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Egyptologist Offers Global Insight, Experiences during Egypt Fest at GCU

Lakewood, N.J., June 15, 2010—Henry Ayoub, a former field archaeologist who worked in the area of Giza’s pyramids from 1992 to 1996, is the featured speaker for Egypt Fest, a week of events and activities slated for July 12–17 on the historic Lakewood campus of Georgian Court University.

Mr. Ayoub has shared in many digs around the Sphinx and was part of the team that uncovered the tombs of the pyramid builders. Since 1996, he has been a freelance guide who has led English-speaking tour groups from around the world, and who works closely with religious and educational groups interested in exploring the country. Mr. Ayoub has degrees in Egyptology and Coptic theology, and has a post-graduate degree as a professional tour guide. When he’s not in Egypt, he lectures around the world.

A brief Q&A with Mr. Ayoub follows. You may e-mail him directly at free3guide@yahoo.com.

Q: After thousands of years, people worldwide remain fascinated with Egypt. Why? 

  • The Egyptian civilization is one of the most significant of the ancient world, not only in terms of the length of its leadership (roughly 3,000 years B.C.), but also in geographical land mass as well.
  • The ancient Egyptians believed in an afterlife, an eternity in paradise.
  • They were very smart people, were creative, deep thinkers.
  • The Egyptian civilization is still full of mysteries and this makes people eager to investigate its ancient secrets.
  • The ancient Egyptian civilization had some of the most spectacular works of art and architecture that still survive today.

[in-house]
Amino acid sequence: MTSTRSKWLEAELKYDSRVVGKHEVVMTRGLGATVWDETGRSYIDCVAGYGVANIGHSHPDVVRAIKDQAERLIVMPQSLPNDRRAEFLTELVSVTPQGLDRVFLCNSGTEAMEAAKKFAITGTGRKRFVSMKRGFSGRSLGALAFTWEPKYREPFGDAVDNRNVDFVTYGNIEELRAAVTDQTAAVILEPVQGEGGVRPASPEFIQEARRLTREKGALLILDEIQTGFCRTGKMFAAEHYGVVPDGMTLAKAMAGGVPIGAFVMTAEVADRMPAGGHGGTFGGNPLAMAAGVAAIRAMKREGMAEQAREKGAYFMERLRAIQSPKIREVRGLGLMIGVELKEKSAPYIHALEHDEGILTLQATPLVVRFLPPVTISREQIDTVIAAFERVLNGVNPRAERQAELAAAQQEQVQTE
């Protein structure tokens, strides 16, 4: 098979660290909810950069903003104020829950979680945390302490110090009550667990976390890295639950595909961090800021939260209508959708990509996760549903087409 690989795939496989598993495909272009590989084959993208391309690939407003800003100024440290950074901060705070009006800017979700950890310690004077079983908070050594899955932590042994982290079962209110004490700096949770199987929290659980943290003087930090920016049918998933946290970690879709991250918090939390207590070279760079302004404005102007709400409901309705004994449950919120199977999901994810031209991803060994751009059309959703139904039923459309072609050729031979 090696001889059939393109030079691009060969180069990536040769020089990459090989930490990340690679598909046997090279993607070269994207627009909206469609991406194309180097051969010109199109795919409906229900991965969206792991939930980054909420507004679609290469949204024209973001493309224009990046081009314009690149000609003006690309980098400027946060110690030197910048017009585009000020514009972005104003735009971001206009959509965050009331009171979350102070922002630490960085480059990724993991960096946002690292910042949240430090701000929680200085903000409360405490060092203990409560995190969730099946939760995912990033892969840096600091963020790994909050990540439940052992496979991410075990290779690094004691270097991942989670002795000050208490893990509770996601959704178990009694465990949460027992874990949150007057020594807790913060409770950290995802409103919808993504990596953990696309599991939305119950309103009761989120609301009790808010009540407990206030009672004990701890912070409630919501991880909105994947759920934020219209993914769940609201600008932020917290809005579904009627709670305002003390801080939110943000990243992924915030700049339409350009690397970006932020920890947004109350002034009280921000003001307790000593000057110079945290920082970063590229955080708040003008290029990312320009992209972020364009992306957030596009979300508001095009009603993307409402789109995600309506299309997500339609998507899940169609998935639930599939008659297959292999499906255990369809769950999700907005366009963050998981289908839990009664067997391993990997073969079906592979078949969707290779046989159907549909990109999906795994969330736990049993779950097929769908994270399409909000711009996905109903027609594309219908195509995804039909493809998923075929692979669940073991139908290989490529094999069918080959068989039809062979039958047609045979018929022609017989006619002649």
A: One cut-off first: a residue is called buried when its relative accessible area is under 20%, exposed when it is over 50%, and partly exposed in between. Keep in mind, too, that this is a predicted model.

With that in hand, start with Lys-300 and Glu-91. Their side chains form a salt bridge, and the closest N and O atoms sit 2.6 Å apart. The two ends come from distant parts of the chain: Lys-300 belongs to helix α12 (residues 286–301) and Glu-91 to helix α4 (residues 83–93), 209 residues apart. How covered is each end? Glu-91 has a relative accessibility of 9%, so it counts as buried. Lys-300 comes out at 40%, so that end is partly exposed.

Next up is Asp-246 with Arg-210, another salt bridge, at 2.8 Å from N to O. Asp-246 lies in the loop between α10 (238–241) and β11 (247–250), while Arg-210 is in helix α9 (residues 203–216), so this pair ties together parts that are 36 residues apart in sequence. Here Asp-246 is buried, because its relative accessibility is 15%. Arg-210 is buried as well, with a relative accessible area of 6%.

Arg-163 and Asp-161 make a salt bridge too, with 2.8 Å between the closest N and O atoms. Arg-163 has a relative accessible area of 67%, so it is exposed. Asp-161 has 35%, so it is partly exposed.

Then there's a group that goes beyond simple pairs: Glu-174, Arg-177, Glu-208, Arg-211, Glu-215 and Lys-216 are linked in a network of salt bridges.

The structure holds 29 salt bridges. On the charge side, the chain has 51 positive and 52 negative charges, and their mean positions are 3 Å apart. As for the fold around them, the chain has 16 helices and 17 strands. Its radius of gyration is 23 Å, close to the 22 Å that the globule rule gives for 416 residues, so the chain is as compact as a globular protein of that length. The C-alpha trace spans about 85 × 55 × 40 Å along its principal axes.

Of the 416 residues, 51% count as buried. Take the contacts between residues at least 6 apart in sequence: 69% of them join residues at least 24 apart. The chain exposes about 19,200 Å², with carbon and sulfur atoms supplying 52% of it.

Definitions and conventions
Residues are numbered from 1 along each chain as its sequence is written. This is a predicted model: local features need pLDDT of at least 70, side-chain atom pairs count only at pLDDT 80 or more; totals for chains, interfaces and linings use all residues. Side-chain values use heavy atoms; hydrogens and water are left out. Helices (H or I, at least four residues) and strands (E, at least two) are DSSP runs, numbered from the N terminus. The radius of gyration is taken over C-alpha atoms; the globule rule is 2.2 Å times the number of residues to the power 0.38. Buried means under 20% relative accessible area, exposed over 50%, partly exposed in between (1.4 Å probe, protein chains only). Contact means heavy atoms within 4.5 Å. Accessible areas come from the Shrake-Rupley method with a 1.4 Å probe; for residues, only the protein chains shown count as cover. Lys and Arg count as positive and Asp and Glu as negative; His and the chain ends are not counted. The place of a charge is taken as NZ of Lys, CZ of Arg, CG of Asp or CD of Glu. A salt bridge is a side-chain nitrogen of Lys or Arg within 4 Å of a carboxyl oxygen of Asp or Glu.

• The civilization was so peaceful. For much of its 3,000 year history, Egypt lived in peace with its neighbors.
  • This civilization left a lot of records behind it, writing, art, statues, temples, tombs, etc.

Q: What kinds of myths do you often have to debunk? 

  • First, the Pyramids were not built by Hebrew slaves, or any slaves, for that matter. I am going to talk about this very subject during my lecture on “Recent Discoveries in Egyptian Archaeology.”
  • No human beings were sacrificed in ancient Egypt. For example if the king died, his wife was not killed with him; she could even remarry, if she wished.
  • There was no curse placed on a pharaoh’s tomb, and I will discuss this when we look at King Tut’s tomb, during my “New Kingdom” lecture.

Founded in 1908 and sponsored by the Sisters of Mercy, Georgian Court University is a comprehensive university with a strong liberal arts core and a special concern for women. A forward-thinking university that supports diversity and academic excellence, Georgian Court serves over 3,000 students of all faiths and backgrounds in a residential Women's College and a coeducational University College with undergraduate and graduate programs. Georgian Court's main campus is located at 900 Lakewood Avenue, Lakewood, N.J., on the picturesque former George Jay Gould estate, now named a National Historic Landmark. Georgian Court also offers classes at its site at One Woodbridge Center in Woodbridge, at Coastal Communiversity in Wall, and at Cumberland County College in Vineland.

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